House Speaker Nancy Pelosi put on a sterling silver whistle that her husband had given her after he was attacked by an intruder at their San Francisco home last month on the morning of the midterm elections.
After a long night of watching the election results, she wore the whistle at her office.
It was a whistle like those worn by coaches or drill sergeants. Staff members had gathered for a pizza party lunch in the same conference room where she led her party during some of the most turbulent times in the U.S. staff members had gathered for a pizza party lunch. Capitol.
The employees applauded as she arrived after blowing the whistle. It was time to start waiting because the contests were close, and numerous votes were still being counted. The outcome will also determine Pelosi’s destiny and whose party controls the House.
The nation’s first and only female speaker could be forced to resign if Republicans gain control of Congress, a potential setback coming just weeks after the terrifying assault that broke her husband’s skull.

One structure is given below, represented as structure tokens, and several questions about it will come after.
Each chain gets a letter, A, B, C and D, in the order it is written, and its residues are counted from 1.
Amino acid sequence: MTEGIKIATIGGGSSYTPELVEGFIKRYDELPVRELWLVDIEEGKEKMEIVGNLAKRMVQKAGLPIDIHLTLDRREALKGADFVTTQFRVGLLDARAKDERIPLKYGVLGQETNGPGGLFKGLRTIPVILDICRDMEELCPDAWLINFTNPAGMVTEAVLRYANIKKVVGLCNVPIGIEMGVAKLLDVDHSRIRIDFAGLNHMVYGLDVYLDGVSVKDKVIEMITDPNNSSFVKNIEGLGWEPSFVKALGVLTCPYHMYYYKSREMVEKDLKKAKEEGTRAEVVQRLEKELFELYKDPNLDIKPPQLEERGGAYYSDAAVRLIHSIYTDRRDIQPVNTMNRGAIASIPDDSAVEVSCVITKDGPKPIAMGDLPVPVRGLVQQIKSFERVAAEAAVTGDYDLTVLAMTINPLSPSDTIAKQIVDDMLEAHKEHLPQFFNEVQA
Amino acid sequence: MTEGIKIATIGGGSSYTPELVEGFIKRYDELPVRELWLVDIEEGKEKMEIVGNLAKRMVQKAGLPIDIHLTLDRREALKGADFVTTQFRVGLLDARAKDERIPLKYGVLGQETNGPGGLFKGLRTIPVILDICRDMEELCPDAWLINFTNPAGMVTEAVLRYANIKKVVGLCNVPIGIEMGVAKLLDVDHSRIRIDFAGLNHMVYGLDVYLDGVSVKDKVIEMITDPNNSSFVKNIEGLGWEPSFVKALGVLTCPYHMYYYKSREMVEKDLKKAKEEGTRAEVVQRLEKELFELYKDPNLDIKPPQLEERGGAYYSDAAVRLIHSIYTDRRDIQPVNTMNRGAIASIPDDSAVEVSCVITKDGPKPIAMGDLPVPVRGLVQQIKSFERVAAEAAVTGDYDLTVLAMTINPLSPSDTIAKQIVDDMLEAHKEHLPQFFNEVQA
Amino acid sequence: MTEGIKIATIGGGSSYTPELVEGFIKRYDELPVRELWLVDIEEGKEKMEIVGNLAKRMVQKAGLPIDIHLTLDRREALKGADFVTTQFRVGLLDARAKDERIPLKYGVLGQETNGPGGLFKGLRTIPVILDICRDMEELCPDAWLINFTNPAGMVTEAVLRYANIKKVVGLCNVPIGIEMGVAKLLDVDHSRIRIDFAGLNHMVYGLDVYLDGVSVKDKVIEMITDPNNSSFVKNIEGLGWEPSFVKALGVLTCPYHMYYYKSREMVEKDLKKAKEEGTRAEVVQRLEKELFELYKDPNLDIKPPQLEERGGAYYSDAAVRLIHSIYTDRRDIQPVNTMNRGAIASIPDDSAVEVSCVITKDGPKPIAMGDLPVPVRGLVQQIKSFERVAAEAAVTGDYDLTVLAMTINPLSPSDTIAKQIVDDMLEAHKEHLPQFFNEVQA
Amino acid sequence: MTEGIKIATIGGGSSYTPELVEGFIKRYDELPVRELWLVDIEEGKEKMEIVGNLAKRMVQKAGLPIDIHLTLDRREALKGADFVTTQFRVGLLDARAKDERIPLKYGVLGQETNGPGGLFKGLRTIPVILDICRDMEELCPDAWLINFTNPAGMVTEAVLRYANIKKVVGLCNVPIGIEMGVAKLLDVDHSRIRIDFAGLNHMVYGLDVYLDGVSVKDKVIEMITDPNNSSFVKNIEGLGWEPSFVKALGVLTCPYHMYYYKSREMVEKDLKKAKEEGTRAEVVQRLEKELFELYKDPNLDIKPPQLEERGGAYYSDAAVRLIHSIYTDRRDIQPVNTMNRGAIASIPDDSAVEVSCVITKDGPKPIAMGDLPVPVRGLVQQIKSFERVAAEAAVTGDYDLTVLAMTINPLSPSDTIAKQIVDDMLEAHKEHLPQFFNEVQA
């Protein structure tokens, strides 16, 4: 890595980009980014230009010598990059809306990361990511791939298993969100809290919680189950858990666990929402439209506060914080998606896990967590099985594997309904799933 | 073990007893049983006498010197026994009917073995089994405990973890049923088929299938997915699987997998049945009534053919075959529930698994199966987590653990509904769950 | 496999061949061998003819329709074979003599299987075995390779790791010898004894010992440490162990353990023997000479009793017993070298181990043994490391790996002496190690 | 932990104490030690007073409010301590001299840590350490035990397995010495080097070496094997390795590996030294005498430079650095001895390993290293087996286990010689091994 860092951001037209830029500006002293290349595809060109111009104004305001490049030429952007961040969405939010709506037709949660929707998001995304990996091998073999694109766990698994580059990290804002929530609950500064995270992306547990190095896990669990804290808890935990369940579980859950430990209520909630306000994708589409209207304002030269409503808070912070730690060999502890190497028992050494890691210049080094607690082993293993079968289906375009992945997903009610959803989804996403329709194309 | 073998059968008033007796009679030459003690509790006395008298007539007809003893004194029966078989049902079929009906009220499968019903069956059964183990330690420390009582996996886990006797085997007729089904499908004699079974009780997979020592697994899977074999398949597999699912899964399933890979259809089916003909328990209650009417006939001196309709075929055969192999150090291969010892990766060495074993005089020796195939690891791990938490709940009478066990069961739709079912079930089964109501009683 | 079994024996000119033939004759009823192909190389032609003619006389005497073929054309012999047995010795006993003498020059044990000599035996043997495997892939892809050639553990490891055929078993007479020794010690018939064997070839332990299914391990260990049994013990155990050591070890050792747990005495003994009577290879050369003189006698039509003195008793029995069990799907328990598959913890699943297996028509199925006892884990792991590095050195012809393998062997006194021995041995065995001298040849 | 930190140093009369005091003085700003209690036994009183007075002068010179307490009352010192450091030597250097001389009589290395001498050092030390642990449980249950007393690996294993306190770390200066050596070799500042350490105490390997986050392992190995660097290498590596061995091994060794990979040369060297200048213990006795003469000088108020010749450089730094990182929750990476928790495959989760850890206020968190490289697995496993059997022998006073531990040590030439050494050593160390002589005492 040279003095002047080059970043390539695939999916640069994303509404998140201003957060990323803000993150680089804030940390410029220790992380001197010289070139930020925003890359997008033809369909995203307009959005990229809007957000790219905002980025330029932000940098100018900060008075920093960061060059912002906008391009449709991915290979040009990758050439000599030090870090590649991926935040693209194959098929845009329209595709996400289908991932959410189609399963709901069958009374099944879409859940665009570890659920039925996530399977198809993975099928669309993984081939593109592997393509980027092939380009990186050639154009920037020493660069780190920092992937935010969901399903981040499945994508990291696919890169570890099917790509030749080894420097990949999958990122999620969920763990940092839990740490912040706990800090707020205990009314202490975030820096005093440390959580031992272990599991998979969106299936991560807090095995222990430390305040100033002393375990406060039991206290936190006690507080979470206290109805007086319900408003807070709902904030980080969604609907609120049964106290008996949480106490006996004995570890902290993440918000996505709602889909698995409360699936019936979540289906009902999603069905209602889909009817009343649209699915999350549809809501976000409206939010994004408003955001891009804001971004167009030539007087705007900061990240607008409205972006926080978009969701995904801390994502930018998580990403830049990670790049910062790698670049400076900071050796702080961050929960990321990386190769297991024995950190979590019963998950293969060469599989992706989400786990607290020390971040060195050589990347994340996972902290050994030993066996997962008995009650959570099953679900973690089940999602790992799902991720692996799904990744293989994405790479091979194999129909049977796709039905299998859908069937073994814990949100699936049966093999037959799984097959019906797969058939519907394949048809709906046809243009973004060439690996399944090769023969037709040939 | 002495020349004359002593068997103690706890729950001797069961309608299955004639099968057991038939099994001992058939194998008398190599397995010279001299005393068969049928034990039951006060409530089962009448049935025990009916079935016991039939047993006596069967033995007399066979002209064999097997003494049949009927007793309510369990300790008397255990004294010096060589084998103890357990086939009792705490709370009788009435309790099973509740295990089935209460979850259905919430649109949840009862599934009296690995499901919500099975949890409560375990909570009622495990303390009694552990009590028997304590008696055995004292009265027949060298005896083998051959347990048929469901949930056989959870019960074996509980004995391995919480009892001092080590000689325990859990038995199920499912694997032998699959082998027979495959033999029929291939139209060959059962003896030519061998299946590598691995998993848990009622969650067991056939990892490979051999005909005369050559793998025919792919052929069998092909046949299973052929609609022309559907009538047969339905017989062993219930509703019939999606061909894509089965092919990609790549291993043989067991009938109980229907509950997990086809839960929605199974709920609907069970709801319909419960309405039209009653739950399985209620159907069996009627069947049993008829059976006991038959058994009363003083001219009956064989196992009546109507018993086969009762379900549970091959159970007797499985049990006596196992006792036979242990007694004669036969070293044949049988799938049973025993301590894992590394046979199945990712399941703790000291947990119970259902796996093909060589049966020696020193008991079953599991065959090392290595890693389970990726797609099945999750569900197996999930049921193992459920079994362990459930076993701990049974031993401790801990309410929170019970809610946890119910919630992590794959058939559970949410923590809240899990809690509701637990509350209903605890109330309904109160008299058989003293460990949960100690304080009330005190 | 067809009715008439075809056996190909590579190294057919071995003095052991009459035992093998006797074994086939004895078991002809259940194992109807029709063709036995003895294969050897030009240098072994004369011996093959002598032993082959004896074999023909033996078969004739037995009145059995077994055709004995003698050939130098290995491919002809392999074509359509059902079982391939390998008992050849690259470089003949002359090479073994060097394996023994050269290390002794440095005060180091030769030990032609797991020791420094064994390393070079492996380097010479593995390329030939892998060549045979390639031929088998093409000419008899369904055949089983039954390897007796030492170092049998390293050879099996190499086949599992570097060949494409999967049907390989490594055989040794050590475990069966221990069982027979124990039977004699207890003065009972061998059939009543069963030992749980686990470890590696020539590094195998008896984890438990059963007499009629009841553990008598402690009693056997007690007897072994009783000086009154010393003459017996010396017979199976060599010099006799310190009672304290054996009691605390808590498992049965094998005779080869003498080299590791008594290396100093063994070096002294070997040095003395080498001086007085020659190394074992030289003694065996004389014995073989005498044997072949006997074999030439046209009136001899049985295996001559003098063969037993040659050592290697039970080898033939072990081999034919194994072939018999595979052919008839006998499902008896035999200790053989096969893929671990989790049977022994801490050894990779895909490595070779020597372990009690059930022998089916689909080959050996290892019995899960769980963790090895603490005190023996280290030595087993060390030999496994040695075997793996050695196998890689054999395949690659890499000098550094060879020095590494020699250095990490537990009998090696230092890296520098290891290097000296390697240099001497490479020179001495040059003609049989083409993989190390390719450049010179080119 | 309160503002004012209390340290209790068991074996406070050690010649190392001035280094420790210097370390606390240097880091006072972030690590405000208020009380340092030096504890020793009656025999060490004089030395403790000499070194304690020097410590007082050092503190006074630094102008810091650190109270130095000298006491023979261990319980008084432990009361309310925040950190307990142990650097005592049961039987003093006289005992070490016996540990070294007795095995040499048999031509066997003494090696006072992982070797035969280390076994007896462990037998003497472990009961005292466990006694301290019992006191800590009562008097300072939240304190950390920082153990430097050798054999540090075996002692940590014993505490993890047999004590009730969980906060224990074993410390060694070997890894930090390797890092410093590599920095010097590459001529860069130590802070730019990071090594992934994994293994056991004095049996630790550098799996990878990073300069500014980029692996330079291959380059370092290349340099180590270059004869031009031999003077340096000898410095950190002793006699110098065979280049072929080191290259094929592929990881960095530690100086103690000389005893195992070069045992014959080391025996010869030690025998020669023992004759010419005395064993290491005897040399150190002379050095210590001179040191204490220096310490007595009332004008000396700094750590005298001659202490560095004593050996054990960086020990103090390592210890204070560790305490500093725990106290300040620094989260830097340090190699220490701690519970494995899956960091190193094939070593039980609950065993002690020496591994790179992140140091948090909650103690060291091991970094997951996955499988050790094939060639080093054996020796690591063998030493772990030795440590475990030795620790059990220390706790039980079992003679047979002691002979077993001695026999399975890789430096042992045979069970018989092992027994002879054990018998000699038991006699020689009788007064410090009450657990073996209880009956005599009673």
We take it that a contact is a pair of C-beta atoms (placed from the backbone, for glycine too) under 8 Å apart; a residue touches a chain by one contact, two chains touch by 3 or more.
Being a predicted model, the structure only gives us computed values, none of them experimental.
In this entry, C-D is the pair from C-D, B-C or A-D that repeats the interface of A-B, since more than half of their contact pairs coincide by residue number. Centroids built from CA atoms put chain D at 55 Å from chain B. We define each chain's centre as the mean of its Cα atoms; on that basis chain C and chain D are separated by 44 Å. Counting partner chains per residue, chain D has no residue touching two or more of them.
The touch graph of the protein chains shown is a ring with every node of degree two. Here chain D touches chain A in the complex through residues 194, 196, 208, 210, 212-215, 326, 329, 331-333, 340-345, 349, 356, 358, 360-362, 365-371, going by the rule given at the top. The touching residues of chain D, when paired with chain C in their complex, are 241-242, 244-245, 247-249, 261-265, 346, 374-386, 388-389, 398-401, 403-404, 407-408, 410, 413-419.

The Democratic leader, whose options remain undetermined, has reached a fork in the road.
The lengthy tenure of Pelosi in Congress may be coming to an end. Or not.
Many anticipate her to step down rather than continue representing Democrats in the minority. It seemed much more likely that she would leave after her husband,
Paul was attacked. Less than two weeks before the election, he was shot when a man broke into their home looking for his wife.
Pelosi is not one to resign, even becoming possibly the most critical House speaker in decades.
Before the election, when asked if she had decided to stay or depart, she only stated that the attack on her husband of nearly 60 years would be a consideration.